Speaking of the ego…

Speaking of expanding the ego, part – if not most – of what has offered me so much insight is a couple of personality frameworks, namely the Myers-Briggs and Enneagram. One thing that I’ve come to understand better through the Myers-Briggs, though I’m certainly no expert, is the complexities of the introversion/extraversion spectrum.

First of all, I got really tired a while ago reading all of these things about introverts being super sensitive, as opposed to their flamboyant, overbearing extraverted counterparts. Supposedly, introverts are exhausted by social environments and need time alone to recharge while extraverts are enlivened by social situations, gaining energy rather than losing it. In relating this to myself, I began to doubt that I was an extravert, as I’ve always believed. I recall a moment a few months ago: One evening, Leo and I had to walk across Times Square for one reason or another. I commented on how overwhelmed I felt being in that crowd (Times Square is literally the busiest place on the face of the planet). Leo, who exhibits a lot more of the classic qualities of an introvert than I do, barely batted an eye at the throngs of people. I realized that because of my extraverted tendencies, my energy wants to move outward. I want to connect and give my energy to the people around me, like a host tending to the needs of her guests. Eventually, I become too stimulated and my energy is sapped. Indeed, an ENFP (my Myers-Briggs type) tends to be the most introverted of the extraverts. As an introvert, Leo is more comfortable in his solitary world, less personally affected by the presence of many. I’m not pointing out that introverts aren’t sensitive; I’m just saying that extraverts can be and are as well.

To further complexify (for some reason, this word seems to fit better than “complicate”) the Myers-Briggs system, all of us have four ways of processing the world, and we all process each of those four ways either primarily extrovertedly or introvertedly. (Ok, I know I’m making up words left and right!) For example, as an ENFP, I function primarily in these ways, in this order: extraverted intuition, introverted feeling, extroverted thinking, and introverted sensing. Take a gander at the diagram below. As you can see, no one is wholly introverted or extraverted.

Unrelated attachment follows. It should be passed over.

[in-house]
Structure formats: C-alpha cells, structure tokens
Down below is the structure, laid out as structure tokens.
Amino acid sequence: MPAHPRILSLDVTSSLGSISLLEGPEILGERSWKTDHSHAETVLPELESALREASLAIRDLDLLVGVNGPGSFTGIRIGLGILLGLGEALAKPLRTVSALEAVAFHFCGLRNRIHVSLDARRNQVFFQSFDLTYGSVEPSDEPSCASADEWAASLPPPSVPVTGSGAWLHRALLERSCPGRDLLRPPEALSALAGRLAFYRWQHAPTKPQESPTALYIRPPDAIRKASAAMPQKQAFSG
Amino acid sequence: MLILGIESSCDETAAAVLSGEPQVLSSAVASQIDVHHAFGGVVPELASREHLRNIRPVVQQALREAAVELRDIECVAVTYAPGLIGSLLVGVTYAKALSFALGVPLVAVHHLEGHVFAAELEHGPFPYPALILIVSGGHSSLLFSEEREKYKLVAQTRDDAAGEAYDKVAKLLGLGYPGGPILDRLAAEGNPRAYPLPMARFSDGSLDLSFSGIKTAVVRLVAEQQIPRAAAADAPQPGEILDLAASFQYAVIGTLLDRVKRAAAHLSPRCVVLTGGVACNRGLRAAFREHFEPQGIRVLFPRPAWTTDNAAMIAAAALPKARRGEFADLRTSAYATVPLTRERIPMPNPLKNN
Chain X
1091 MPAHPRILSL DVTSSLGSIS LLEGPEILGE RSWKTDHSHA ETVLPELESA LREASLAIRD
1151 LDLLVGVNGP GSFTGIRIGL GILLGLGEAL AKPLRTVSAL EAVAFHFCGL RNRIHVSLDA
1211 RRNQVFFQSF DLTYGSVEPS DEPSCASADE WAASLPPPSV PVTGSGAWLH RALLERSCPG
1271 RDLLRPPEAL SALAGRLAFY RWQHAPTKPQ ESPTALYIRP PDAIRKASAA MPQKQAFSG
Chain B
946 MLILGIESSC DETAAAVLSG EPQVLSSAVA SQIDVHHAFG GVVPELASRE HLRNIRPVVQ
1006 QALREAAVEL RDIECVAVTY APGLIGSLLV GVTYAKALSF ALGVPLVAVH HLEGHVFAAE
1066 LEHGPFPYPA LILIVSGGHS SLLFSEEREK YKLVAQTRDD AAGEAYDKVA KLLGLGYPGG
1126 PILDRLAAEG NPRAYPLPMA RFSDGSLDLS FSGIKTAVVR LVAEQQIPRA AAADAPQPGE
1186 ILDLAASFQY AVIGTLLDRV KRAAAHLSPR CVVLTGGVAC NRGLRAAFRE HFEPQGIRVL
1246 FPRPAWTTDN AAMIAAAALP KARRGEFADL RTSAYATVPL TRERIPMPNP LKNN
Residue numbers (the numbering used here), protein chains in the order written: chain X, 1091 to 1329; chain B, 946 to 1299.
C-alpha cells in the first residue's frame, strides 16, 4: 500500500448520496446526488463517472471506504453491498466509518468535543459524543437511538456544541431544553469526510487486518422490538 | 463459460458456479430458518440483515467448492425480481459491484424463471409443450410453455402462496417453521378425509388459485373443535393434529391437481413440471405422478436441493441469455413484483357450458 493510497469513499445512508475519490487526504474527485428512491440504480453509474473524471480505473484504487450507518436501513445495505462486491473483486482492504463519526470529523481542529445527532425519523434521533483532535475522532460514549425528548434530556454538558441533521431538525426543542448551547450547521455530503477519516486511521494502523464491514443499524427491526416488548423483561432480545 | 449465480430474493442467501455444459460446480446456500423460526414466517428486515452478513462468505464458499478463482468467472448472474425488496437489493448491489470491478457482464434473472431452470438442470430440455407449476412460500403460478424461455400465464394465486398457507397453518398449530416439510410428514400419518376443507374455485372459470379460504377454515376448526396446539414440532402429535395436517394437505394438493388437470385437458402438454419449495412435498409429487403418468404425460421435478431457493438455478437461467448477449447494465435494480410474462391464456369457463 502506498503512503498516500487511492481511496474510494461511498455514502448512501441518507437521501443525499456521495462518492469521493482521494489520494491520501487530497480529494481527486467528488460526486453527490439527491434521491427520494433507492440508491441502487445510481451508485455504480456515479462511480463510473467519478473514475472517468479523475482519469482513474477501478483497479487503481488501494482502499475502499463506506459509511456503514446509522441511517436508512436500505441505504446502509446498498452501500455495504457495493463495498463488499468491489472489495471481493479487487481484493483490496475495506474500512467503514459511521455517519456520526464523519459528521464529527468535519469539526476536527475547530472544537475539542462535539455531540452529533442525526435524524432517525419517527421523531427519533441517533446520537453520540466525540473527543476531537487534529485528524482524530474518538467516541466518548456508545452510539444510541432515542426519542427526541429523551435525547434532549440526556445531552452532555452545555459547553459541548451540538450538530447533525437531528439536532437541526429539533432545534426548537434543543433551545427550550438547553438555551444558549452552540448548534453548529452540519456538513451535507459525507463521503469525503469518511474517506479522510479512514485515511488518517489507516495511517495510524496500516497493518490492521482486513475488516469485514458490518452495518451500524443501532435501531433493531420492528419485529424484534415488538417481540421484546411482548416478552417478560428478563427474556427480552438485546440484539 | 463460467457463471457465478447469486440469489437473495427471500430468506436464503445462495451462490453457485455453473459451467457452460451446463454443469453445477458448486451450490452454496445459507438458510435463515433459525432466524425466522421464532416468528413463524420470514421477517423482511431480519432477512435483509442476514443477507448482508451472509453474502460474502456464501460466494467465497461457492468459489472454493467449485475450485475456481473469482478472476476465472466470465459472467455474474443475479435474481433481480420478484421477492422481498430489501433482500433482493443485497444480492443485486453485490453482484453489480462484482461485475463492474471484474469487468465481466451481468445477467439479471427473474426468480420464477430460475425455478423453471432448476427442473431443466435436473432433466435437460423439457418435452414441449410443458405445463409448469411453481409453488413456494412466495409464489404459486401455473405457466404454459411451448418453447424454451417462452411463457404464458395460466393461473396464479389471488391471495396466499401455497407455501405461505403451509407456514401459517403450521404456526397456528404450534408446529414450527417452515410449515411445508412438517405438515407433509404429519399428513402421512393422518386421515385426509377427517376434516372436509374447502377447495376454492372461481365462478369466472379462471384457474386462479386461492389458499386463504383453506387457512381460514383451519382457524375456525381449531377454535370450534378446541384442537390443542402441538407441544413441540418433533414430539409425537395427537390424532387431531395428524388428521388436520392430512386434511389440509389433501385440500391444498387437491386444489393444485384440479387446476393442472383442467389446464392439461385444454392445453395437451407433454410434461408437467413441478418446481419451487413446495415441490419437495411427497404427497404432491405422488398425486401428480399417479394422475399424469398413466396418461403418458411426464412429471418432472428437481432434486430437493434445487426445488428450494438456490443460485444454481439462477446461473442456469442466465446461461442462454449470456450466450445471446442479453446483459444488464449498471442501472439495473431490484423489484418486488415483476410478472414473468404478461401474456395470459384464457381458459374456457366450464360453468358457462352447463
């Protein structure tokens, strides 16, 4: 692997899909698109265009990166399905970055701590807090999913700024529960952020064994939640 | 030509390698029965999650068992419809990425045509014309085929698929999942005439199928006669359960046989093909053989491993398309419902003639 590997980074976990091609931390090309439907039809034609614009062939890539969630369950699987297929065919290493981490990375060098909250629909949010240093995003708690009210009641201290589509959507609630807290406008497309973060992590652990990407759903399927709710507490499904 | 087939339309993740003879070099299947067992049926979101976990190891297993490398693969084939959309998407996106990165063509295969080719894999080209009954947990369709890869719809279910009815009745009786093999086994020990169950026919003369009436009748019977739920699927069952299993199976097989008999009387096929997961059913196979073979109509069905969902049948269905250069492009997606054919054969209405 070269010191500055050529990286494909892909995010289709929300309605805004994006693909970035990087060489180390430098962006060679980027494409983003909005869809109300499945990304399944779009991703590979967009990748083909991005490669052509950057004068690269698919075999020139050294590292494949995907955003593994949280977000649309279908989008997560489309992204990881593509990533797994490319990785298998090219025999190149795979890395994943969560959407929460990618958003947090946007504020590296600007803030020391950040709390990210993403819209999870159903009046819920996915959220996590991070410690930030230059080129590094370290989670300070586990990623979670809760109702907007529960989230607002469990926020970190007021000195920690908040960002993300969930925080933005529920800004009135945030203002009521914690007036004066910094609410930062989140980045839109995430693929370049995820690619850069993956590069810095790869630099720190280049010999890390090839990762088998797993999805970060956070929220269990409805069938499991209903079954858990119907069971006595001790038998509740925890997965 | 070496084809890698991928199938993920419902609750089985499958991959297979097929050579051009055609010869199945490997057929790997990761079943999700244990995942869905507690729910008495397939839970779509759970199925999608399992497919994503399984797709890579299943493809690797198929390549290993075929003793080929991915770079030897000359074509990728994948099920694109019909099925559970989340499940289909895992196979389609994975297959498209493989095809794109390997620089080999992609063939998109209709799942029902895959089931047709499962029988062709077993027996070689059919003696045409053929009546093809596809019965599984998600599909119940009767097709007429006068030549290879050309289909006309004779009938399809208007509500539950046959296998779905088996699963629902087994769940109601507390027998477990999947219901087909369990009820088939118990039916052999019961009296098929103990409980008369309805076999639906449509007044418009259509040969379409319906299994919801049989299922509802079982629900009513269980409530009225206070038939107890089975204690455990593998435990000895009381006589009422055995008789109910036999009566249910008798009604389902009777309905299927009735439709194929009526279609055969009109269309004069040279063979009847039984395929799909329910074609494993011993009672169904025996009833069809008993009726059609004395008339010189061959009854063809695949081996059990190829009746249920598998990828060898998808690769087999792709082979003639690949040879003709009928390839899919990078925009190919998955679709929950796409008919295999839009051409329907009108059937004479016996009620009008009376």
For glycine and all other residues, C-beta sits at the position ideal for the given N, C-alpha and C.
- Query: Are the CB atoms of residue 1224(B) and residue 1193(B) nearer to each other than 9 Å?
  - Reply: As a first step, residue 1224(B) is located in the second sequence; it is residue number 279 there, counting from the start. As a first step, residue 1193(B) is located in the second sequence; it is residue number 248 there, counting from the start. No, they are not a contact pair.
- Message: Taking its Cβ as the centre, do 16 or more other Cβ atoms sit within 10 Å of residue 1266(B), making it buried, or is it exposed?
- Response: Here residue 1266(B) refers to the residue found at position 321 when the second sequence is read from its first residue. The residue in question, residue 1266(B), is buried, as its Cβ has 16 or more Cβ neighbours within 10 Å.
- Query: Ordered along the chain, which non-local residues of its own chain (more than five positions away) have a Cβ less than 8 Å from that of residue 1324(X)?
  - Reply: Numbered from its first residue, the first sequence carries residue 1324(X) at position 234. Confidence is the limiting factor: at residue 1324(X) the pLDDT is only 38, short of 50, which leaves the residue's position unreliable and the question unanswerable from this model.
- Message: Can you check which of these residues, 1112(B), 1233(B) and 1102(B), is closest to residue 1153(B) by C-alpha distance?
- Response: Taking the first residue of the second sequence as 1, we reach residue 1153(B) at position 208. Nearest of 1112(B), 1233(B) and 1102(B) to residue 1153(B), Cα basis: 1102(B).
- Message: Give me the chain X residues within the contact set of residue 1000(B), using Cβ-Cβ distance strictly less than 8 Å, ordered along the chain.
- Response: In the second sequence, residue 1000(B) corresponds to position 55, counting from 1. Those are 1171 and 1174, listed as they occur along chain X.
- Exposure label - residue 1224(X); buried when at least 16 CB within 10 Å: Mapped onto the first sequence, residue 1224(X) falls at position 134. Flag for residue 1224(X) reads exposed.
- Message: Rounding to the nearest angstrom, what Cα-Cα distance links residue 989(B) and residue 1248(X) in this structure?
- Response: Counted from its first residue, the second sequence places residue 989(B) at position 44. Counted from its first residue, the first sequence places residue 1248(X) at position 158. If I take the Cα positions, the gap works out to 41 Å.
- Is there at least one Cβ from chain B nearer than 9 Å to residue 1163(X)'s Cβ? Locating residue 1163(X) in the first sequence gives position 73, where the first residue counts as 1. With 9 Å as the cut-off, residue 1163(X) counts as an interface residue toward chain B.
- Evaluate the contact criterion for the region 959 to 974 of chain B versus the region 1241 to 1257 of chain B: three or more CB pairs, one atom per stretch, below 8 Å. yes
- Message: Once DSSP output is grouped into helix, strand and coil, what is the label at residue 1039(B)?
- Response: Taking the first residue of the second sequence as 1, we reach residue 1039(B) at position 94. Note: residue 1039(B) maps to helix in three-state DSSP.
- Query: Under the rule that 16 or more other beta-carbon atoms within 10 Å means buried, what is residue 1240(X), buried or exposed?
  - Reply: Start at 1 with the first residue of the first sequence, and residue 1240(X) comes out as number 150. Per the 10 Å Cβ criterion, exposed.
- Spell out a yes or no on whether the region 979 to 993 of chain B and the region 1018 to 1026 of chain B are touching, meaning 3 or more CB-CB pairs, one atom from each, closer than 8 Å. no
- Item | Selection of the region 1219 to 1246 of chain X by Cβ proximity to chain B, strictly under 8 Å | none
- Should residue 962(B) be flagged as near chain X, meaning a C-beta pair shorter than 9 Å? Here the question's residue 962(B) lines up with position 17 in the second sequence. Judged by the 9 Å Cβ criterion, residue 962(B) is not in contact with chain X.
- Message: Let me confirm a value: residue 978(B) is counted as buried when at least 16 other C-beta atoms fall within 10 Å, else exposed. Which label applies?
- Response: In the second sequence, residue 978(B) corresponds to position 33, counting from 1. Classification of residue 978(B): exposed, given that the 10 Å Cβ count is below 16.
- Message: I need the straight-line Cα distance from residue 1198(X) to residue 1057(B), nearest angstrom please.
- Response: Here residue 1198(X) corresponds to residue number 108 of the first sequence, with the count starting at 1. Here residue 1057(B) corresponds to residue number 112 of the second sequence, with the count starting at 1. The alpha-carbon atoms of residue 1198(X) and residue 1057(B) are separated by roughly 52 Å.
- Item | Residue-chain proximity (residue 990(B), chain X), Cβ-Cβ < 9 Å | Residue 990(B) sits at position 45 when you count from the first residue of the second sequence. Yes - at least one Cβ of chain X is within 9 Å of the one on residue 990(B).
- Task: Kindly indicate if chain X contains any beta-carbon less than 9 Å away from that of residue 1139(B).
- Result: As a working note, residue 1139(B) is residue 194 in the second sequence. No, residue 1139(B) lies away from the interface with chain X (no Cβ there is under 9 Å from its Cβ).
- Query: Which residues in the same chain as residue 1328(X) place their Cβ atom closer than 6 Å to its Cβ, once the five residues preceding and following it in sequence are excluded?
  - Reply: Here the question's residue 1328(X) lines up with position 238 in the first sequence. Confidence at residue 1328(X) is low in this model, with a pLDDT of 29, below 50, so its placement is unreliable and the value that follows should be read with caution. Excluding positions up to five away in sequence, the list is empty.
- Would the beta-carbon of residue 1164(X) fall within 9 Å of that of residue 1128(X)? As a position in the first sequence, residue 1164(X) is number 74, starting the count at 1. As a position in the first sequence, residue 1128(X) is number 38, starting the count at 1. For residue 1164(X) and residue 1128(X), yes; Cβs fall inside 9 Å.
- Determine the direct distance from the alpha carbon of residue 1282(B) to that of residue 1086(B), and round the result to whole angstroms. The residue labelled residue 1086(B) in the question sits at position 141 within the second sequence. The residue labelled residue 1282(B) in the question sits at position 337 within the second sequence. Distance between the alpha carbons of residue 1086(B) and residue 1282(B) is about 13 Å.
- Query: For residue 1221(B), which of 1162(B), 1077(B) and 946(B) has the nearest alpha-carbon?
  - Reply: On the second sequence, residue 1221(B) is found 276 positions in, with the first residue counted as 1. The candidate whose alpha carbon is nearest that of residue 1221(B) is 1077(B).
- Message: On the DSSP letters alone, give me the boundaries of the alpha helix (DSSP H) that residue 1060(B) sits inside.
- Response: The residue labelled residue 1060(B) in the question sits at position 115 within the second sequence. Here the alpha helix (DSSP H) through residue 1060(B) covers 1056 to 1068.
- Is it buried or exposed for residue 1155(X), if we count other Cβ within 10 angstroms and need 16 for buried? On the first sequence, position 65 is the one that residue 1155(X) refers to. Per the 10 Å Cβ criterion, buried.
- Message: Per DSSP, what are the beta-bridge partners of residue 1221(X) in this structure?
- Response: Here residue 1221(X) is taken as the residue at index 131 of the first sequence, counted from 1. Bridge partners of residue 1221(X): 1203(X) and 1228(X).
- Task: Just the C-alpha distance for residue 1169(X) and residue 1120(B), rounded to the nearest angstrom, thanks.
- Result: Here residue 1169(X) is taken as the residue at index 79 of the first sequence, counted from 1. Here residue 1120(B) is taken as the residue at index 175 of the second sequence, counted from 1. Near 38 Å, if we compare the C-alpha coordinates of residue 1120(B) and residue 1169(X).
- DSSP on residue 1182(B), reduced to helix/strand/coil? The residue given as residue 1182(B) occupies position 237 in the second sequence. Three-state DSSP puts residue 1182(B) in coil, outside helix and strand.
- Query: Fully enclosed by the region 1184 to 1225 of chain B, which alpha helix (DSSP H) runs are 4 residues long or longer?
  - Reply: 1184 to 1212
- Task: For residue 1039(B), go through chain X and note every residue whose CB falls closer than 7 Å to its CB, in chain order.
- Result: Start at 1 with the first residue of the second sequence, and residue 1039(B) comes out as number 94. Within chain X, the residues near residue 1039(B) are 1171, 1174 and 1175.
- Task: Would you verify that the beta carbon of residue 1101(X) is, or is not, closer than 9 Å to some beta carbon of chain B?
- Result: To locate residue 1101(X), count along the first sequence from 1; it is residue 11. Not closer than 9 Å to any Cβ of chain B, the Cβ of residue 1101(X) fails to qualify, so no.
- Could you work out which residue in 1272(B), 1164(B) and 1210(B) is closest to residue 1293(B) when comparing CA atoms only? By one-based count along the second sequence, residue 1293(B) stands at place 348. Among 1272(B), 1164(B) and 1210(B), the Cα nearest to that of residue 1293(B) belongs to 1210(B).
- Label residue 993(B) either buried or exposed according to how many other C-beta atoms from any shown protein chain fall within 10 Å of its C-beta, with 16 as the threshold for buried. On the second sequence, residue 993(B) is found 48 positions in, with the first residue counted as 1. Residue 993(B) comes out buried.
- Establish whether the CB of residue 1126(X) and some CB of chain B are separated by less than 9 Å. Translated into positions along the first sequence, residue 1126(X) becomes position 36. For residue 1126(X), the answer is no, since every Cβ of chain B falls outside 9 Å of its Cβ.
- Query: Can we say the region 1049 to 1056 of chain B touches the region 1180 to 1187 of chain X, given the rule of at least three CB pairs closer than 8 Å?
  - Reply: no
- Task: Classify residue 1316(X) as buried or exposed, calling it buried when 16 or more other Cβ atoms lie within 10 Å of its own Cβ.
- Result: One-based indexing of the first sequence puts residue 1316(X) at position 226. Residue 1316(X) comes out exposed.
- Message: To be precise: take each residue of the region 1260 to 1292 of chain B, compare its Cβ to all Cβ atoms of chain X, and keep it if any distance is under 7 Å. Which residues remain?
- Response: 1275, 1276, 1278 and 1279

Looking at this framework has helped illuminate the ways in which I process the world and navigate life as well as give me greater understanding into the way others experience their inner and outer worlds. Some of those ways don’t make much sense to me, but that’s what is so fascinating about learning how other people function.

Of course, as with any system of personality types, including astrology, it’s important to not get caught up in these definitions. The labels of “ENFP” or “8” or a “Leo Rising” or whatever aren’t to be used as excuses for my behavior, nor do those labels relegate me to a certain way of being in the world. These are all simply tools for me to continue improving myself. My consciousness is expanding.

It seems that the more I study these definitions, the more I actually begin to feel bigger than them.


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